Data published by the World Health Organization in 2017 estimates there are 36 million people who are blind, plus another 217 million living with some form of moderate to severe visual impairment. In common with many others in the tech industry, Apple has continued to support individuals who have visual and/or sensory impairments. For instance, Apple’s standard OS and iOS software incorporates advanced accessibility features which empower those wishing to use Apple products and devices. But now a recent Apple patent filed with the U.S. Patent and Trademark Office has the potential to further enhance the lives of the blind and the deaf by utilising smart wearable technology.
Smart clothing to combat sensory impairment
According to “Guidance device for the sensory impaired”, an Apple patent application originally filed in 2015 but only recently published, the company have been exploring a system which utilises an “input/output touch surface”. Such wearable hardware would be fitted with sensors equipped to capture data relating to the local environment. This information would be collated to produce a model capable of informing and warning the user about the presence of threats or relevant issues the user would then be able to consider. Environments in which this assistive technology might operate could include city streets where the system could sense vehicles, traffic light signals and other street obstacles the sensory impaired have to navigate. And likewise, this equipment would be equally useful indoors for identifying objects nearby, or for navigating around furniture when crossing a room.
How does the technology function?
Offering some further details about the concept, Apple’s documentation reveals: “The device may detect information about the environment, model the environment based on the information, and present guidance output based on the model in a fashion detectable by the user,” noting also that this data could be tactile in nature, thus permitting the user to “quickly and efficiently feel” their local environment as they move around. This feedback may be experienced via a touch-based surface, for example, and the system would probably also include audio communication to help the user when surrounded by moving people and everyday objects.
Created by Chananiel Weinraub, an Israeli inventor, the Advanced Navigation Guidance system aims to provide a sensory-impaired wearer with support which improves upon the function of traditional devices such as white sticks, guide dogs, and even a human assistant. It seems the guidance device might be a sensor-equipped jacket or shirt – no doubt including a camera – which could be wired or wirelessly hooked up to an Apple Watch, iPhone or iPad acting as the input/output sensory assistance device. Such a jacket would considerably improve the quality of life for the sensory impaired. This device is much in keeping with technological advancements in the last 20 years and has even allowed those with visual impairments to play specially adapted casino games.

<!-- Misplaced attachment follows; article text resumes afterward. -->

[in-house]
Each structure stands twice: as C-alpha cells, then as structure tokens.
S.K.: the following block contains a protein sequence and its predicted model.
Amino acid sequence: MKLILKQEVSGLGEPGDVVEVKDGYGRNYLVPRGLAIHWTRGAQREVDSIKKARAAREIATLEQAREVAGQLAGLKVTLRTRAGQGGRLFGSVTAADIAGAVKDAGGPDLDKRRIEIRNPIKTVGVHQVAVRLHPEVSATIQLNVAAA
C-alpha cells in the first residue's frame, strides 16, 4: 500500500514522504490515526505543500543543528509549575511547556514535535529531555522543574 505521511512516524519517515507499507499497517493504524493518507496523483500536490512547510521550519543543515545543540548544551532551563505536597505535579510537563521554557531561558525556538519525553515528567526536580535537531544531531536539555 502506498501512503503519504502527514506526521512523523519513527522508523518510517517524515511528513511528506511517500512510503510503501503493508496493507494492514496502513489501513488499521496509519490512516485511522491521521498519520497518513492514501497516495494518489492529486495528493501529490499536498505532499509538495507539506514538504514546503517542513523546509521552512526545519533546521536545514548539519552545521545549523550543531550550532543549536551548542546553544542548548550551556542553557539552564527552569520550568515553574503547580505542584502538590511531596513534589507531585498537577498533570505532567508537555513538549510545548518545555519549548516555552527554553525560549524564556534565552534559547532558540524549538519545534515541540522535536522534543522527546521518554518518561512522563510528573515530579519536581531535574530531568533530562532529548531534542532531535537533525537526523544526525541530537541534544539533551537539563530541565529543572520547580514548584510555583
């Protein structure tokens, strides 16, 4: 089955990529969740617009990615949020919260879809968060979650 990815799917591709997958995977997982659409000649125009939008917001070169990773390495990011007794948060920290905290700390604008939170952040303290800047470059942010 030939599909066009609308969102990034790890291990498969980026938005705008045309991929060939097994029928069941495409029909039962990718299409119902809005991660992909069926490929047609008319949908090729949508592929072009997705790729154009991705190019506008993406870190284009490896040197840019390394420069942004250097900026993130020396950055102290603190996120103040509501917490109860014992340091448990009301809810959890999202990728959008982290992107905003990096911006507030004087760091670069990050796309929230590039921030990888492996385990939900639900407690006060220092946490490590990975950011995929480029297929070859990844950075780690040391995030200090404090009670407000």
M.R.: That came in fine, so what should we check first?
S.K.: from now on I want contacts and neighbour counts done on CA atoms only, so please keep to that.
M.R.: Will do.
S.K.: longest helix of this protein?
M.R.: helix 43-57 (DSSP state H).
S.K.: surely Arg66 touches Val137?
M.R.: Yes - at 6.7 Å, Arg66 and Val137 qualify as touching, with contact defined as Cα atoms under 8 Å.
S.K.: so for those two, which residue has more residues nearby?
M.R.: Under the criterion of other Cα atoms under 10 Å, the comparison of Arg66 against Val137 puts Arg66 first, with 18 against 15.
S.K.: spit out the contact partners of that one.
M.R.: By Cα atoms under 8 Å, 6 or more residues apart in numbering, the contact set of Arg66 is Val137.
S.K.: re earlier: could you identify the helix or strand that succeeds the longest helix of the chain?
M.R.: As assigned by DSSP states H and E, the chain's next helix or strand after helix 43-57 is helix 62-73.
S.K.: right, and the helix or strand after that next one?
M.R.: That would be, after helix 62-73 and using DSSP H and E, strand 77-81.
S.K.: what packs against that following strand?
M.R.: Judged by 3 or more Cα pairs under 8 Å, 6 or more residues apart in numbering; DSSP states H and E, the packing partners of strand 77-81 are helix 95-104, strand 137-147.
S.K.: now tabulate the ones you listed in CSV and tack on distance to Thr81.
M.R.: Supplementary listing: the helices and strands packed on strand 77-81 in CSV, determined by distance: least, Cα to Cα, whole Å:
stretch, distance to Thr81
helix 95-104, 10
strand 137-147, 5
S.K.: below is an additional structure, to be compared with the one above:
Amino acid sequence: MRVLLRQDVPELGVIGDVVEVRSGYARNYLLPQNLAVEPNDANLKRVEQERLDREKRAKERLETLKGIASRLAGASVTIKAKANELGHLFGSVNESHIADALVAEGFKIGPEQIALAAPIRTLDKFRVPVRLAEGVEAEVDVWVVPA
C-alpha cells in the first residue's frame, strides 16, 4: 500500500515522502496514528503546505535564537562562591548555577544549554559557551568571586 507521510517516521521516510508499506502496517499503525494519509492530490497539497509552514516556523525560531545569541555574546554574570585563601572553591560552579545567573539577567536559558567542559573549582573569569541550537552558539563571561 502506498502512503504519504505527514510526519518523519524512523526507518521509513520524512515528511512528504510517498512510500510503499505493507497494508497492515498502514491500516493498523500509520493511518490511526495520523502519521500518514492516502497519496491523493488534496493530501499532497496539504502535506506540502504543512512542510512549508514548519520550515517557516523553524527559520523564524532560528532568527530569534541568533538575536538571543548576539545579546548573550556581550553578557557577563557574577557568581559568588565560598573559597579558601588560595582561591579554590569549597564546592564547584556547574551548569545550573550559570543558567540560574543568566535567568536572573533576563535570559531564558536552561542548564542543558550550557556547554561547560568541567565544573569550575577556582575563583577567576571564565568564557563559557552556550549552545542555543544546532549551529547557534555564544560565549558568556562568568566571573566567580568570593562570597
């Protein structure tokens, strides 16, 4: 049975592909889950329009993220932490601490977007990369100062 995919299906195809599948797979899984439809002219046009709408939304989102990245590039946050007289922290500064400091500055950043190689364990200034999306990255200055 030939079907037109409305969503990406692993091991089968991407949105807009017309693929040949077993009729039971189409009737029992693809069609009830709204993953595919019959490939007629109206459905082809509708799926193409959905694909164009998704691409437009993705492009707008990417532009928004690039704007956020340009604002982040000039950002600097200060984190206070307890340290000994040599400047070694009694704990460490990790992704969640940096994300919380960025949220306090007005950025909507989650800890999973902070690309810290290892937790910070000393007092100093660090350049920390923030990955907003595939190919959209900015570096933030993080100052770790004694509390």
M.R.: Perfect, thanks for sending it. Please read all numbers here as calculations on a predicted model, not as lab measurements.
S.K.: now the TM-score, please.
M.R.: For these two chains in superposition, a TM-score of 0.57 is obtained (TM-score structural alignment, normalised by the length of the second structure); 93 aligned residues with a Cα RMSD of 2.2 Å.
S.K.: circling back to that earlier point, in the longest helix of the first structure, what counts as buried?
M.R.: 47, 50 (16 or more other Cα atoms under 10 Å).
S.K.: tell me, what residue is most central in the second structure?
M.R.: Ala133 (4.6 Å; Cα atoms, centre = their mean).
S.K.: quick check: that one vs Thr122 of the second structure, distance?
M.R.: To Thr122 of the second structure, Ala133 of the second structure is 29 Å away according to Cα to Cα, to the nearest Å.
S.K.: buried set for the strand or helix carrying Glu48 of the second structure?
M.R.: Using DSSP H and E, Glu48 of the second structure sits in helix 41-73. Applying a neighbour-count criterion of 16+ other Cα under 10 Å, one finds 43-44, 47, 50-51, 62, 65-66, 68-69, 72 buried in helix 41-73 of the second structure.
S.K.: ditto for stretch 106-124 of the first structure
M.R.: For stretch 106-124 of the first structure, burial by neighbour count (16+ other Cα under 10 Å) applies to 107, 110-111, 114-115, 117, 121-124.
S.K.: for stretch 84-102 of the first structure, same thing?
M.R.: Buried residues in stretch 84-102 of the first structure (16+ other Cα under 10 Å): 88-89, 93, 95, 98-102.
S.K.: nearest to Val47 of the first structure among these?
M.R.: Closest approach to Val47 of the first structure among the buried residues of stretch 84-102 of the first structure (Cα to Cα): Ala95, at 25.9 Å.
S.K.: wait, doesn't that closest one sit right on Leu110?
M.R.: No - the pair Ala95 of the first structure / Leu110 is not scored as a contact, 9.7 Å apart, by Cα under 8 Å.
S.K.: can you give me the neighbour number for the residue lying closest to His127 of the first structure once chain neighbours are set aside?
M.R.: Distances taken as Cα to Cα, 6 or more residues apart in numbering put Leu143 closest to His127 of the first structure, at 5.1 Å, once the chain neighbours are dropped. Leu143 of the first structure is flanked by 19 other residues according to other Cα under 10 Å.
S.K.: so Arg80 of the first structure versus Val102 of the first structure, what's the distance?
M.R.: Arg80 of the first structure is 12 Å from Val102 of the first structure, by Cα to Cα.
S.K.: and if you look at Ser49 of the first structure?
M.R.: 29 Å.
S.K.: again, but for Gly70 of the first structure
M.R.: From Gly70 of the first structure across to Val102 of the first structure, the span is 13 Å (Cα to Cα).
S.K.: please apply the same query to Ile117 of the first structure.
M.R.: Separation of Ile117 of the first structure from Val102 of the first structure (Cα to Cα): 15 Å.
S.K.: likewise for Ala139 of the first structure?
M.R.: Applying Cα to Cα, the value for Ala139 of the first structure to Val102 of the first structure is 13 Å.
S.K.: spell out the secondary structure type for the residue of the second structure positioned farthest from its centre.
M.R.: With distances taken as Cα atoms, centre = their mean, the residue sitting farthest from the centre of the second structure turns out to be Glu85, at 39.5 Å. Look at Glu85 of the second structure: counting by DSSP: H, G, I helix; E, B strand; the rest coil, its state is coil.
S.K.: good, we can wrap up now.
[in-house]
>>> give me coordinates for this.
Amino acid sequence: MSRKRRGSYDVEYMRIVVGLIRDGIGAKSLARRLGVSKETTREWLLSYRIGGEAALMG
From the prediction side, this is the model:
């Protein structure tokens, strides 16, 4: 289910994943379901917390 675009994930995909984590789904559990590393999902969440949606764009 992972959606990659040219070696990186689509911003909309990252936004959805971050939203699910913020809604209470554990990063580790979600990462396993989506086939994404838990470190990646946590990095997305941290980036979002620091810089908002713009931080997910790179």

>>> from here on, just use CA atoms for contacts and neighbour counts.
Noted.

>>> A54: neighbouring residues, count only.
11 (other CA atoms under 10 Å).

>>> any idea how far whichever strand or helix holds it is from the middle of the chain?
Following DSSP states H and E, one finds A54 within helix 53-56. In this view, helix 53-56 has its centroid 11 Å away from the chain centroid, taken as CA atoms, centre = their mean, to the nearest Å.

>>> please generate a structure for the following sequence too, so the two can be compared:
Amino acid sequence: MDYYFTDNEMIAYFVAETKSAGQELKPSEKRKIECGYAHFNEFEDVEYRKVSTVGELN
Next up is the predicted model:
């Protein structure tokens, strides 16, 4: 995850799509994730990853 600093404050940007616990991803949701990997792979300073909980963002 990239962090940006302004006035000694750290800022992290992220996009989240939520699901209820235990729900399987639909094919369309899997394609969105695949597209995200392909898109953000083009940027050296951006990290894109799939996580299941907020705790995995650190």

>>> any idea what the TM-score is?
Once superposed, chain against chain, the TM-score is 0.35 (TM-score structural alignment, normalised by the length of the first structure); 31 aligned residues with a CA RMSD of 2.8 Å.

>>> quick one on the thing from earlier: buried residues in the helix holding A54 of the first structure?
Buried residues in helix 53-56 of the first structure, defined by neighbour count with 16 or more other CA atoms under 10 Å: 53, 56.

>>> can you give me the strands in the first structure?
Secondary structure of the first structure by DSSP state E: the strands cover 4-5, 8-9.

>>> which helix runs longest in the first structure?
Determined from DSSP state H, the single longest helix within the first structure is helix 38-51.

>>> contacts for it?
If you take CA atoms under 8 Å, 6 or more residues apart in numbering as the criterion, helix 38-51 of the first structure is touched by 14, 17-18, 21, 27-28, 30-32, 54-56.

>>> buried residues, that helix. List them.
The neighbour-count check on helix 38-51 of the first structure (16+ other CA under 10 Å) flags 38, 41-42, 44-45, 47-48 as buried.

Apple’s patent application suggests its Research and Development teams are working on alternative applications for their emerging technologies. Smartphone sales are stalling with users reluctant to upgrade, so with users increasingly adopting voice assistants like Siri or the Amazon Echo for their personal computing requirements, Apple and other tech companies are looking to broaden the market.
Farhad Manjoo, a technology reporter for the New York Times, believes Apple and others are contemplating a digital future less dominated by screens. Discussing what he has dubbed “Peak Screen”, Manjoo said: “… tech giants are building the beginning of something new: a less insistently visual tech world, a digital landscape that relies on voice assistants, headphones, watches and other wearables to take some pressure off our eyes. Apple has never been scared of disrupting its own best inventions. By rethinking screens, it may have a chance to do that once more.”
Apple’s patent for those with sensory impairments demonstrates ideas which could potentially be applied to a range of technologies yet to be formulated.